Meat, aquaculture, eggs, and dairy use makes up 83% of the world’s farmland and contribute 56 to 58% of food’s different emissions, despite providing only 37% of our protein and 18% of our calories.
“The global adoption of healthy diets from sustainable food systems would safeguard our planet and improve the health of billions. Unhealthy diets are the leading cause of ill health worldwide. Globally dietary changes towards a plant-based diet can prevent approximately 11 million deaths per year.
The data is both sufficient and strong enough to warrant immediate action. Delaying action will only increase the likelihood of serious, even disastrous, consequences. A diet rich in plant-based foods and with fewer animal source foods confers both improved health and environmental benefits. Overall, the literature indicates that such diets are win-win”
— The EAT Lancet report 2019
Food is the single strongest lever to optimize human health and environmental sustainability on Earth.
On top of the environment here are other reasons to eat mainly plant-based:
Nutrition and Health
A whole food, plant-based diet is one that centres on whole, unrefined and unprocessed foods. It is made up of fruits, vegetables, tubers, wholegrains, legumes, nuts, and seeds. It highly reduces or excludes all red meat such as beef and pork, white meat such as chicken, all fish, all dairy products and eggs. It also excludes most refined and processed foods such refined flours, sugars and oils.The research on the benefits of a whole-food plant-based diet is expanding, particularly in the field of cardiovascular disease, weight management, chronic disease management, hypertension, and type 2 diabetes.
The main ways this diet can help with these conditions are:
- Naturally Reduced Saturated Fat: Saturated fat is mainly found in animal products and refined plant oils such as coconut and palm. Eating a wholefood plant-based diet eliminates most of these sources.
- Naturally Reduced Dietary Cholesterol: Wholefoods such as fruits veg, beans, wholegrains, nuts, and seeds contain no dietary cholesterol. Not only is your intake of dietary cholesterol reduced through this pattern of eating, but the properties that assist with excretion of cholesterol, such as beta-glucans, are found in foods such as oats and beans.
- Reduced Intake of Foods infused with Antibiotics and Artificial Hormones: Antibiotics are used in animal agriculture to prevent infections from spreading among animals kept in unhygienic and overcrowded conditions. Artificial hormones are also utilised to speed up growth of an animal to produce greater yield, and these hormones can enter human circulation if the animal is eaten.
- Increased Intake of Fibre: Fibre is only found in plant-based foods. The more fibre in your diet, the better equipped the body is to eliminate waste, excrete cholesterol, maintain weight and optimise immune function.
- Increased Intake of Antioxidants: Antioxidants are essential for neutralising free-radicals, which can cause a significant amount of internal damage over time, promoting ageing.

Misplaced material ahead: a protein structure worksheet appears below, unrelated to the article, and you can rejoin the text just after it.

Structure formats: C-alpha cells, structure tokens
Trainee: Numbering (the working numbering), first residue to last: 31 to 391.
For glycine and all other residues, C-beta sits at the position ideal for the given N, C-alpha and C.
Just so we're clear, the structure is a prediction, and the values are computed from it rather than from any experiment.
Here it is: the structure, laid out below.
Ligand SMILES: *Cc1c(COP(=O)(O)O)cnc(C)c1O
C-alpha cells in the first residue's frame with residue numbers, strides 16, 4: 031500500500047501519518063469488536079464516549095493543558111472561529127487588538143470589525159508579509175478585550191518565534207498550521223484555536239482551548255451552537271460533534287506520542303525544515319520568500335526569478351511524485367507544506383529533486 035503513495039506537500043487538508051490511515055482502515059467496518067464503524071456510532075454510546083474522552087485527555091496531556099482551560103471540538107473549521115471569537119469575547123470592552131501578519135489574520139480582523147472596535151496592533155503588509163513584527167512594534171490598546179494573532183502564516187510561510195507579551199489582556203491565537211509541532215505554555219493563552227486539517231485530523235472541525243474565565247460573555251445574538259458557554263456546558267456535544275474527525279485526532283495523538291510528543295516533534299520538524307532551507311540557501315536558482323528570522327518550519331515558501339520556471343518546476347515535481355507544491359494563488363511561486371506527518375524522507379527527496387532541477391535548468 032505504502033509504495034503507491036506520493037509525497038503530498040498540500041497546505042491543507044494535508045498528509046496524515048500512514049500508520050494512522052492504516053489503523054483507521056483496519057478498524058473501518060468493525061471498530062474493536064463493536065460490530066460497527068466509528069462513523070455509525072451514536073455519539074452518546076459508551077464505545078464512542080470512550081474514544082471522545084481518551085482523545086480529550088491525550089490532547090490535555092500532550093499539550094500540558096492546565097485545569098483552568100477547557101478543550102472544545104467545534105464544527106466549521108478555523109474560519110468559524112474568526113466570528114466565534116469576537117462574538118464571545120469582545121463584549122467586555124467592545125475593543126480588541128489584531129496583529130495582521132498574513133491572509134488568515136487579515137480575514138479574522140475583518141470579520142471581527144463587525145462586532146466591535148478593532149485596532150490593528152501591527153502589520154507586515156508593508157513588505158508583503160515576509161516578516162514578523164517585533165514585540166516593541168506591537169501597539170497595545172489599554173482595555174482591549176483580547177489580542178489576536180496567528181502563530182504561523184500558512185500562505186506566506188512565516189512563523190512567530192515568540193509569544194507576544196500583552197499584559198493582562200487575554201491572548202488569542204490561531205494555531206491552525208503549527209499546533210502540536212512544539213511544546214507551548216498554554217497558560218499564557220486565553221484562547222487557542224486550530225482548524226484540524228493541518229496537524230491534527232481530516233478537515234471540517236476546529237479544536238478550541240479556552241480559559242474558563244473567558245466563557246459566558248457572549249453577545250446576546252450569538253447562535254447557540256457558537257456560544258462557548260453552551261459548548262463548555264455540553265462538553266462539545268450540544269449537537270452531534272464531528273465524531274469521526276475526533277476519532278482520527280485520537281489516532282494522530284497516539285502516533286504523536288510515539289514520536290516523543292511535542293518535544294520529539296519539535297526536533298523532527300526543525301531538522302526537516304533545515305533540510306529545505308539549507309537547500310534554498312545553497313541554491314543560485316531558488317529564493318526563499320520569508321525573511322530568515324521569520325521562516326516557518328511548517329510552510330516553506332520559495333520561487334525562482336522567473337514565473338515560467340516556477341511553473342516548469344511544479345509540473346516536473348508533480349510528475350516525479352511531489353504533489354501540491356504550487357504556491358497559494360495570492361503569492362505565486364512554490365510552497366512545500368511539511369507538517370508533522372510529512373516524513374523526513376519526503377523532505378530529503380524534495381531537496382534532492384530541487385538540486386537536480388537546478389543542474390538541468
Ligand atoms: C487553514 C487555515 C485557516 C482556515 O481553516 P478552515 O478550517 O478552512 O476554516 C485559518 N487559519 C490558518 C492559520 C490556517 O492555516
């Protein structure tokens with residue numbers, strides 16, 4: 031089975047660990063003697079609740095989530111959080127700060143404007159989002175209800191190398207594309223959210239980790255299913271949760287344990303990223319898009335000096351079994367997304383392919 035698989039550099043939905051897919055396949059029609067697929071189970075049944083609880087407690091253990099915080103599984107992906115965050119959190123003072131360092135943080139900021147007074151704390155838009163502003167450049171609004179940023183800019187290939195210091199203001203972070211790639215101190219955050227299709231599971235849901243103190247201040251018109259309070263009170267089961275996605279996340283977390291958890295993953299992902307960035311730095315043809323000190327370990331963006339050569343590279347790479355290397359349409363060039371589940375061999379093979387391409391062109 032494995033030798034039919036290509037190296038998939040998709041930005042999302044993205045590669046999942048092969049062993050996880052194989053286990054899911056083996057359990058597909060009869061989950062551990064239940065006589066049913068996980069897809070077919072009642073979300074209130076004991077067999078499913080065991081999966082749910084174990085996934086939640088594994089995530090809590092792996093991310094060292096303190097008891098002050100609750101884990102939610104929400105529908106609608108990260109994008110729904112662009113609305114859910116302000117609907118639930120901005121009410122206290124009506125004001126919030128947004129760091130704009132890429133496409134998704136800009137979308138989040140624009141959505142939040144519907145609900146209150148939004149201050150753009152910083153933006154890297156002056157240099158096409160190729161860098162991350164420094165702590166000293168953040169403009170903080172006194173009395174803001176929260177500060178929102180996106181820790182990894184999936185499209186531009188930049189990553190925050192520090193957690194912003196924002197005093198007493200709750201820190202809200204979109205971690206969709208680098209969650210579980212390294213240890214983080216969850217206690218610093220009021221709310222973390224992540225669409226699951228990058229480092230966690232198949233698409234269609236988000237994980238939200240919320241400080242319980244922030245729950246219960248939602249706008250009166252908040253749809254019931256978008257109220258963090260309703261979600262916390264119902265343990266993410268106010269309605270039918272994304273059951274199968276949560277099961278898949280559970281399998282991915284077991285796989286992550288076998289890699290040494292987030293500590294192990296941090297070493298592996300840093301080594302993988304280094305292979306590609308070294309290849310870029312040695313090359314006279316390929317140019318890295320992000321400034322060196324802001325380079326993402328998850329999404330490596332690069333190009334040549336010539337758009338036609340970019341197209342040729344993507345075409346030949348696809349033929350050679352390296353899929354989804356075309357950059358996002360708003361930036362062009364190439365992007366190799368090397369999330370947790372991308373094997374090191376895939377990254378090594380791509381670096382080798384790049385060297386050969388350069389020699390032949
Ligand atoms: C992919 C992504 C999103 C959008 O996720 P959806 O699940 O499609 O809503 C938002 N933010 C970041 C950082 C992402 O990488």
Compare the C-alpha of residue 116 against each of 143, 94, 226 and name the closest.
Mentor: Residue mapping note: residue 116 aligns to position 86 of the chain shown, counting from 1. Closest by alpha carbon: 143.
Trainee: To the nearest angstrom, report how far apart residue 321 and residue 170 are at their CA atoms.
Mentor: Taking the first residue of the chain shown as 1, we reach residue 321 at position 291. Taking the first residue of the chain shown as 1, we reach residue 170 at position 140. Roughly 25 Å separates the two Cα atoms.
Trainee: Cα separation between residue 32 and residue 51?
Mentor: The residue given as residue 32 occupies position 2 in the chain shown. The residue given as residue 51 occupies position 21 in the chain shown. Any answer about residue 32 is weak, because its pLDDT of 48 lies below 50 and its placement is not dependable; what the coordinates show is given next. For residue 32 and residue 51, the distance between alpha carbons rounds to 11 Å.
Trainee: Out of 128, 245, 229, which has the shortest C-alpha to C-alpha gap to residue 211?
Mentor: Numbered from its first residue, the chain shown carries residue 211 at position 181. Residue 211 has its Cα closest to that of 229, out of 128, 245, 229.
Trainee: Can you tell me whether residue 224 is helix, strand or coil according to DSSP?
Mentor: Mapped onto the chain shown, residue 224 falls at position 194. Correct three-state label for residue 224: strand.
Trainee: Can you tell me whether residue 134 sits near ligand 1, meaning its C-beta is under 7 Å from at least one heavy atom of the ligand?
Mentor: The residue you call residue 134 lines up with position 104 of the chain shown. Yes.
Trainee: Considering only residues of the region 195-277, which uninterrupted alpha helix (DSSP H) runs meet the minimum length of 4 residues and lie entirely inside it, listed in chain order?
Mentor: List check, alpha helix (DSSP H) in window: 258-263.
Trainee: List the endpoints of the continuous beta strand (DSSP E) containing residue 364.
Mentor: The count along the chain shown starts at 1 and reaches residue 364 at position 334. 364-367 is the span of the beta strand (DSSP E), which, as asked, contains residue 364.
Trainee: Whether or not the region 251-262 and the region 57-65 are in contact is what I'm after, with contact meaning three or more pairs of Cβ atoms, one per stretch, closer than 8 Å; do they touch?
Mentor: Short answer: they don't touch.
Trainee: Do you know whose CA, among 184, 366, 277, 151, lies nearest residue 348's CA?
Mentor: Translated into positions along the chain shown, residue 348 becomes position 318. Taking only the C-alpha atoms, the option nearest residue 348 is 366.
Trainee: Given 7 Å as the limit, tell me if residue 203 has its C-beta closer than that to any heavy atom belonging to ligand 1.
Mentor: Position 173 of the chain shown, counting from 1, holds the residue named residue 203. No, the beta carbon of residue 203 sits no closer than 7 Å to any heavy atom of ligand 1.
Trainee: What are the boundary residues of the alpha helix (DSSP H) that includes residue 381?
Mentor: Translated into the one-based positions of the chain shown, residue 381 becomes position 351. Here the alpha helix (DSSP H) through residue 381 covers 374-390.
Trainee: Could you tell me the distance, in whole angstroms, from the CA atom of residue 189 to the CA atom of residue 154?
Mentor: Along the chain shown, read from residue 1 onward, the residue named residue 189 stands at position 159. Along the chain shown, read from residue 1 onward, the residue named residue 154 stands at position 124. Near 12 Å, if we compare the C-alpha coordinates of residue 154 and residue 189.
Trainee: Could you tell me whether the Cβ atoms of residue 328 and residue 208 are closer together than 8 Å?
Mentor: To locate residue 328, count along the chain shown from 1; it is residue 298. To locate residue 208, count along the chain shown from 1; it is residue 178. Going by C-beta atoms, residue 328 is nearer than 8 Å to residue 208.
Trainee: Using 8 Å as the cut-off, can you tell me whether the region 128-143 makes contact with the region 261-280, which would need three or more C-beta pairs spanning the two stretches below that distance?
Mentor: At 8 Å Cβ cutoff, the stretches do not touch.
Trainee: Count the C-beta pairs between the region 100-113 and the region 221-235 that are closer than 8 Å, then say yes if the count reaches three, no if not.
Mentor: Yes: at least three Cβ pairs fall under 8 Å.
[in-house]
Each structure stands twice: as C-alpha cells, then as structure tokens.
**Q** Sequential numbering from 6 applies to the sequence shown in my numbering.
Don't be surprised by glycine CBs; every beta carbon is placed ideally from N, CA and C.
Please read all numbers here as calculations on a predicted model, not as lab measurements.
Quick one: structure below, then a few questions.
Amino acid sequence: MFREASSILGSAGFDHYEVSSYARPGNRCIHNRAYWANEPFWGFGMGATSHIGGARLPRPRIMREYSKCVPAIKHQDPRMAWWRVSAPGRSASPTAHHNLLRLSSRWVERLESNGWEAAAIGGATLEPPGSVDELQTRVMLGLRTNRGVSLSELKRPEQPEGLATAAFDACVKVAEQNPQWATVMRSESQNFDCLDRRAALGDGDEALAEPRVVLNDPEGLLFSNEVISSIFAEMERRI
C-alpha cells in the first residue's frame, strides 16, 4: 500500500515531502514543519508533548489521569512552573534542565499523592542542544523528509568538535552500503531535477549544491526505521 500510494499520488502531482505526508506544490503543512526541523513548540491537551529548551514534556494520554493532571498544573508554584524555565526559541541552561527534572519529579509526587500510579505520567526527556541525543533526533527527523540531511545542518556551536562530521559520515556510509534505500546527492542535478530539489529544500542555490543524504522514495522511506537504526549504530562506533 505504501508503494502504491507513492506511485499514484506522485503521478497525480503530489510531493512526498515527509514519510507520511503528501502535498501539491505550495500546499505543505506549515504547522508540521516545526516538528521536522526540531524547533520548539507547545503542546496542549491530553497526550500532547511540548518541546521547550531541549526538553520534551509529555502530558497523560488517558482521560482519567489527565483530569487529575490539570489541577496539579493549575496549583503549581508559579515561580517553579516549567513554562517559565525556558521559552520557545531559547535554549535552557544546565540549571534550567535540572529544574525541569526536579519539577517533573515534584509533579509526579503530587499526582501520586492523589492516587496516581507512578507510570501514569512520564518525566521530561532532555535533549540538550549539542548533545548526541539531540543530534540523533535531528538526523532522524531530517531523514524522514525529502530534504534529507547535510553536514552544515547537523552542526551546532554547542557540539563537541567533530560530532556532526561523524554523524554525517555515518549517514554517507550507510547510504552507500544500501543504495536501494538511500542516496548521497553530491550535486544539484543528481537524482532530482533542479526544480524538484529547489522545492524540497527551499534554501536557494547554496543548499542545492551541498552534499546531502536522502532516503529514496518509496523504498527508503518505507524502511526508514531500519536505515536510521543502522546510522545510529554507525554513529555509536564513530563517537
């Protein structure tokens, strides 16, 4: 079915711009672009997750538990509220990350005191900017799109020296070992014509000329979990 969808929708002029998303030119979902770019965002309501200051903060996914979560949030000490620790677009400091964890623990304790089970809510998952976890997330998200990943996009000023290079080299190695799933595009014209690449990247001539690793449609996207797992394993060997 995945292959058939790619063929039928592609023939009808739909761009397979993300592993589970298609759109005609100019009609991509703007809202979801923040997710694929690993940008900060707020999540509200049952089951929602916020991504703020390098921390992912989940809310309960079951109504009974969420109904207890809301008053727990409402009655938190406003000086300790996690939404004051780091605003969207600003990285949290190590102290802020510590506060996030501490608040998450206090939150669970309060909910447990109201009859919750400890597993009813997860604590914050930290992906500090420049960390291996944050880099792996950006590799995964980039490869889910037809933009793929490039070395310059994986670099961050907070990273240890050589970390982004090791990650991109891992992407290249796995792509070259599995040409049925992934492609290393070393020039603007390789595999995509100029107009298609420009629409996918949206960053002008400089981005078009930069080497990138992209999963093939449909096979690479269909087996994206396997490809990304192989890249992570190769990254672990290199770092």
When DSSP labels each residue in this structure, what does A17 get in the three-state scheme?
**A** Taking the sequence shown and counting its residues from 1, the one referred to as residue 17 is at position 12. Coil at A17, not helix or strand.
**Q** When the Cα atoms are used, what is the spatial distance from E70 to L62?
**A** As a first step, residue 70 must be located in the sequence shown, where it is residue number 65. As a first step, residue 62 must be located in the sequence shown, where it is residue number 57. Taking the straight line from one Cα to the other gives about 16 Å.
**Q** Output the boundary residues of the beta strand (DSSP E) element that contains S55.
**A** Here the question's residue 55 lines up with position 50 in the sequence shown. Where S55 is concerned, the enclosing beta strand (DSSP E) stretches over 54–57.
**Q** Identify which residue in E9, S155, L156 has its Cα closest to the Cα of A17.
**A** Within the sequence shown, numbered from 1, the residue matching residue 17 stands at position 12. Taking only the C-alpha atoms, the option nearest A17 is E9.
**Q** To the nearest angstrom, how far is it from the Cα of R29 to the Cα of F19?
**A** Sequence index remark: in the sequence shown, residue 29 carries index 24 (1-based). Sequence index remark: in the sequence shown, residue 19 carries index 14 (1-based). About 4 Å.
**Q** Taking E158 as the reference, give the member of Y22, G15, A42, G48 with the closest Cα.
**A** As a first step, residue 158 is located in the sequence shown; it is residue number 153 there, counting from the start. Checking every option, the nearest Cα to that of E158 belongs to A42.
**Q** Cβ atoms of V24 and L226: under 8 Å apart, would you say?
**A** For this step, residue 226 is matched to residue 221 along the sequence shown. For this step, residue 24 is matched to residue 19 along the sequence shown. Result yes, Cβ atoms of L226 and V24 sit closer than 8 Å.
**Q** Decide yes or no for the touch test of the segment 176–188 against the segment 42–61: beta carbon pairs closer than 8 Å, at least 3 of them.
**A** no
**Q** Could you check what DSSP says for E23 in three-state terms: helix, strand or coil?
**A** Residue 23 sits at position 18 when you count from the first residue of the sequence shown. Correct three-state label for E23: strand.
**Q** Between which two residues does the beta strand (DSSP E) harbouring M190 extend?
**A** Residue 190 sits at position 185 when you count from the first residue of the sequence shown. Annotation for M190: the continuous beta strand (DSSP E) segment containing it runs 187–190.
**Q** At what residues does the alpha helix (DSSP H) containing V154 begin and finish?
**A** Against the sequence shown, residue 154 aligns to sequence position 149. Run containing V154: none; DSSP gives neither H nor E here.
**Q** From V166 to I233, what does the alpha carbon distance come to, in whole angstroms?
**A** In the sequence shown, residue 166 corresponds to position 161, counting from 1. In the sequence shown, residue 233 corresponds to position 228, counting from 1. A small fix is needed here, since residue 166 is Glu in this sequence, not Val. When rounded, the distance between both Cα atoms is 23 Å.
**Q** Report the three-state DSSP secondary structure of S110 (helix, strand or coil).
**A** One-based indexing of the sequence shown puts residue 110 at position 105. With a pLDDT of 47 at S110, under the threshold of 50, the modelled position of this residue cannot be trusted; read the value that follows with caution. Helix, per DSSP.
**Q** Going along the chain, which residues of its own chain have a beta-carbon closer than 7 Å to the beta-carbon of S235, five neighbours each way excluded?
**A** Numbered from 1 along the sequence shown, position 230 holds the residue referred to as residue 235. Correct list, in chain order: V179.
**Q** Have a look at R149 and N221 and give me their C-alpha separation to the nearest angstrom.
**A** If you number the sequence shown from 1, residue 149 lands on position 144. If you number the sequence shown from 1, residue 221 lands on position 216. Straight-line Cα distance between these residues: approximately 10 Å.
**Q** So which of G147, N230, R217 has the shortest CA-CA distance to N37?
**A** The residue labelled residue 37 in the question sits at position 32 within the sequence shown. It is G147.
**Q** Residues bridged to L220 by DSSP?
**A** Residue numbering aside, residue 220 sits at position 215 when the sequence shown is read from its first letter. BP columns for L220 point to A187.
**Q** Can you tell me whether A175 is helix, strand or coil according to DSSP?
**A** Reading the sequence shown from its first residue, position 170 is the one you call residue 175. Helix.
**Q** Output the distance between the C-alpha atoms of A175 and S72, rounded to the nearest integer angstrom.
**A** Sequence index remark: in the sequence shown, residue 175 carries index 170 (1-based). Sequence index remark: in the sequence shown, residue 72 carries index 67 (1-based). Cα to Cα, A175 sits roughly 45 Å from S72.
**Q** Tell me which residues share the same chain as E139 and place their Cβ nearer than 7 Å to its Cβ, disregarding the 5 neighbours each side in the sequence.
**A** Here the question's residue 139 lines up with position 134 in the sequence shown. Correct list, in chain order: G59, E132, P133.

By choosing to eat a more plant-based diet you are also choosing a cruelty-free way of living. Independently on how animals were raised for meat, dairy or eggs, whether in a cage or in the field, they all end up with the same fate which is a violent and sad death. Overfishing also causes the destruction of biodiversity causing the entire ecosystem to suffer. Last but not least an average worker bee makes only about 1/12 teaspoon of honey in its lifetime. By consuming bee’s hard-earned honey it leaves bees with an insufficient amount and they will die. It is known the world needs bees to survive so would you opt for other alternatives such as date, brown rice, maple or agave syrup; xylitol, erythritol or stevia to sweeten your meals?
Avoiding processed foods might help with reducing food package and here are extra tips to cut down on waste:
- Keep an eye on best before dates and make sure food is used in time before going shopping again. Apps are available to help shopping/using what’s in the cupboard.
- Plan ahead of time and always keep some healthy food in your freezer for those lazy days. You can meal-prep over the weekend, this can be especially fun for kids!
- When unpacking the shopping, keep the food that needs to be used first in view in the fridge as a reminder .
- Make sure your fridge is working correctly, at the right temperature ( between 1-5 degrees Celsius)
- Don’t over fill the fridge as it won’t work as well and it will also waste energy.
- Prepare correct portion sizes to minimise leftovers or even better use any leftovers for lunch/ dinner the next day.
- Choose the misshapen veg/ fruit – save it from being thrown out. It’s often cheaper too! Check your local shops at the end of the day for reductions or certains places such as Noms offer free produce sometimes before having to dispose of it.
- Compost: Check with your bin collection company as many also offer the collection of compost as part of your bin plan.
- Separate waste properly and get to know what type of packaging can actually be recycled. It is very important to make sure you only put on the recycling bin those that can be recycled as including non-recyclebe items on your green bin can lead to contamination. When a batch of recyclables is contaminated, there’s a good chance it’ll be rejected and end up in the landfill. In other words, because of that one problematic thing you tried to recycle, tons of properly recycled items get landfilled.
- Request less packaging at your supermarket: get in touch on email/social media.
- Choose loose veg, lower packaging options and buy in bulk, not if it results in food waste though!
- Other tips on food waste Here
Resources to Learn From
Check out the Act Now What I Eat page for practical steps to help put this into practice and to find many more resources on the topic.
For animal welfare:
For waste reduction: